There’s rarely a social worker who is shown finding a foster kid a great home to live in, or a social worker helping a troubled teenager with their depression at school and preventing a suicide, or a social worker sitting with a patient in a hospital in their last hours on this earth. I get it. It’s easier to pin the trope of the Evil Social Worker on this profession. Most of what we do is ugly, hard, and right there in the mud with the people going through it. Still, the image needs to change.

Here’s a dose of truth: Social workers often work in dangerous conditions for low pay. In New York, it is a felony to assault a nurse. However, social workers are not afforded the same safeguard under the law. Social workers provide a voice for the marginalized. That type of work and the individuals who are strong enough to do it speak volumes about the humanity of care. Sherry Saturno LCSW, DCSW had this to say about her exposure to this reality in the field of Social Work:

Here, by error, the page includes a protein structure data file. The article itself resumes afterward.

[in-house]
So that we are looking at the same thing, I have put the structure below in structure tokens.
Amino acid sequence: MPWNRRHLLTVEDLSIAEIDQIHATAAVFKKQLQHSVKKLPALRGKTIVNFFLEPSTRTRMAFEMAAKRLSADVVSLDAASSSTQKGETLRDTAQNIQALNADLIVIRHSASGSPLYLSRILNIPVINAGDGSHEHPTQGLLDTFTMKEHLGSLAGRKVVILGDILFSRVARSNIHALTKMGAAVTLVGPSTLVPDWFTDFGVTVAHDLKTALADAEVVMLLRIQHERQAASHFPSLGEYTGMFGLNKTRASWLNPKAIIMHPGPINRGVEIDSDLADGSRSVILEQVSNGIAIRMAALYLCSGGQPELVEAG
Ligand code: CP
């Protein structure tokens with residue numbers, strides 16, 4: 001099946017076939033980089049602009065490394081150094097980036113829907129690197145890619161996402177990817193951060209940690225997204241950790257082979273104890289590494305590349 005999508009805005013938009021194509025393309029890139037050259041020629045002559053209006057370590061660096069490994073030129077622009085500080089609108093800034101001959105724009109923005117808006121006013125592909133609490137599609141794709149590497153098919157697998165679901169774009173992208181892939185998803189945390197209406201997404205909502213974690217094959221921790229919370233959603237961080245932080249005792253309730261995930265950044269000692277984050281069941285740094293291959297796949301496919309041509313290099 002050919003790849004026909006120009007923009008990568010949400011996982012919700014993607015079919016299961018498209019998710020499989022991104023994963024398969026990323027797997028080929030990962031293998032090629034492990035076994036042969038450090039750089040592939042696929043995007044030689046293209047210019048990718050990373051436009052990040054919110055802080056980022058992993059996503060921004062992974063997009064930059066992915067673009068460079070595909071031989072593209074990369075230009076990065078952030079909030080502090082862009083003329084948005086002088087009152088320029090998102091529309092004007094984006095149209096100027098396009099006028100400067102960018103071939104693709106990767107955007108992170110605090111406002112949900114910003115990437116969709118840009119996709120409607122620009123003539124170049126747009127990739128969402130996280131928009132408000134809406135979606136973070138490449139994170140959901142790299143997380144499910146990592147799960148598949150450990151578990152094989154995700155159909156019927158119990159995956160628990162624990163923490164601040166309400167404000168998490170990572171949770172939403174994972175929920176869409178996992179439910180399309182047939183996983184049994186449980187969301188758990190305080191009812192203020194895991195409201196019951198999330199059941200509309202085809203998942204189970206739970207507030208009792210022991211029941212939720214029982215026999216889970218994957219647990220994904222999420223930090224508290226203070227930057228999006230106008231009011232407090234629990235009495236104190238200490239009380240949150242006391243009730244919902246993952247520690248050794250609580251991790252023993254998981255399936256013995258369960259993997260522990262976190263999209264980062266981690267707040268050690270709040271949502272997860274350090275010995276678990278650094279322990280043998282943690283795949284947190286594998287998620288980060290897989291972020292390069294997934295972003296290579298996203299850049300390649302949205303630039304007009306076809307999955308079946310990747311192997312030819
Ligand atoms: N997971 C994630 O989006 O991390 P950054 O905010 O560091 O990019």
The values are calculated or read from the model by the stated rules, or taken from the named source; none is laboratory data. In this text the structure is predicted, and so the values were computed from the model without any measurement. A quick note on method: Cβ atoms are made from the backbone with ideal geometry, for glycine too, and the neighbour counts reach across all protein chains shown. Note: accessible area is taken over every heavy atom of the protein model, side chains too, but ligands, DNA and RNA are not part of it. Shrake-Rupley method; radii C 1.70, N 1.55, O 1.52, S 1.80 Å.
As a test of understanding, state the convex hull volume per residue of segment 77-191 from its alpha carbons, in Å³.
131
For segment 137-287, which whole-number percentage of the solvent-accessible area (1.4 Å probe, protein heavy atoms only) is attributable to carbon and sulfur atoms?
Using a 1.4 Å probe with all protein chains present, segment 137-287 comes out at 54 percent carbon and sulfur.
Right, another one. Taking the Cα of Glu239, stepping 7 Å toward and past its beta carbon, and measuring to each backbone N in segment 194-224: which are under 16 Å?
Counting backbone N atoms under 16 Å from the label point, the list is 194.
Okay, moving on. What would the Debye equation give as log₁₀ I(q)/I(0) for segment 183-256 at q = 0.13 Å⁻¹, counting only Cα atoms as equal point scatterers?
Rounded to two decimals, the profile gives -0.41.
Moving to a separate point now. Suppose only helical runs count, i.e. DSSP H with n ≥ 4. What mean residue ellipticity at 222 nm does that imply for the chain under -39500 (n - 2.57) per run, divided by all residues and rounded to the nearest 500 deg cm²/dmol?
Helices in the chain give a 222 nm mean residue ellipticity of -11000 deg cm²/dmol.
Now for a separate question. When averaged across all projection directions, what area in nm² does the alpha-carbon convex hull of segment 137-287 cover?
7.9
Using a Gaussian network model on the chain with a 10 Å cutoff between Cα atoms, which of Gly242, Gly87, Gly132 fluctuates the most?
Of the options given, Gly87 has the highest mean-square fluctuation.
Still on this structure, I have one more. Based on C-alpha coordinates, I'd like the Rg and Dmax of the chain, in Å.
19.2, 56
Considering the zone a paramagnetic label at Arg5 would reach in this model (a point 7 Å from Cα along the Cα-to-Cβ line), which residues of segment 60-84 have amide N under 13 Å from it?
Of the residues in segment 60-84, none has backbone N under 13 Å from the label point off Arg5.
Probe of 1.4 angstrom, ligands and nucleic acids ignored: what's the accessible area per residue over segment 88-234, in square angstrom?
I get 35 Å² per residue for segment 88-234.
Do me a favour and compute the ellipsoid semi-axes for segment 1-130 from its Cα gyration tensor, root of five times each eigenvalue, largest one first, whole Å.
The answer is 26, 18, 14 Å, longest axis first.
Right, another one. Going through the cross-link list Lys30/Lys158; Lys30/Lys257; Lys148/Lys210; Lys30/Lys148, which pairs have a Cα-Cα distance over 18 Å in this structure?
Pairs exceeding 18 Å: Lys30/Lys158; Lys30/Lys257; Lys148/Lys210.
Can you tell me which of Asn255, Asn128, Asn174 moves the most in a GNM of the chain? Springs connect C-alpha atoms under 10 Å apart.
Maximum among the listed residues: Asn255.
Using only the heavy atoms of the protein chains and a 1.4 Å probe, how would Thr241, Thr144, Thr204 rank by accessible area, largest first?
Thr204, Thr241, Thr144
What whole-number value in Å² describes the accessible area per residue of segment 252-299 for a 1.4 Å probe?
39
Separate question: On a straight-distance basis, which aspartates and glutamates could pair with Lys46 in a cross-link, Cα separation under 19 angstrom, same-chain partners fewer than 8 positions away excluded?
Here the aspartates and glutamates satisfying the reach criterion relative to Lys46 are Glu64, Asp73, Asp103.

I have seen my colleagues threatened and exposed to violence in the field. I have read with a heavy heart accounts of fellow social workers who were murdered while performing their duties. I bore witness to a shooting on the job. Every one of these acts failed to obliterate the intent of the work that was being accomplished….There are so many things that cannot be explained: the senseless acts that inflict pain upon each other, and the unexpected compassion of strangers. Even in times of darkness, social workers affirm the power of good in the world by not giving up.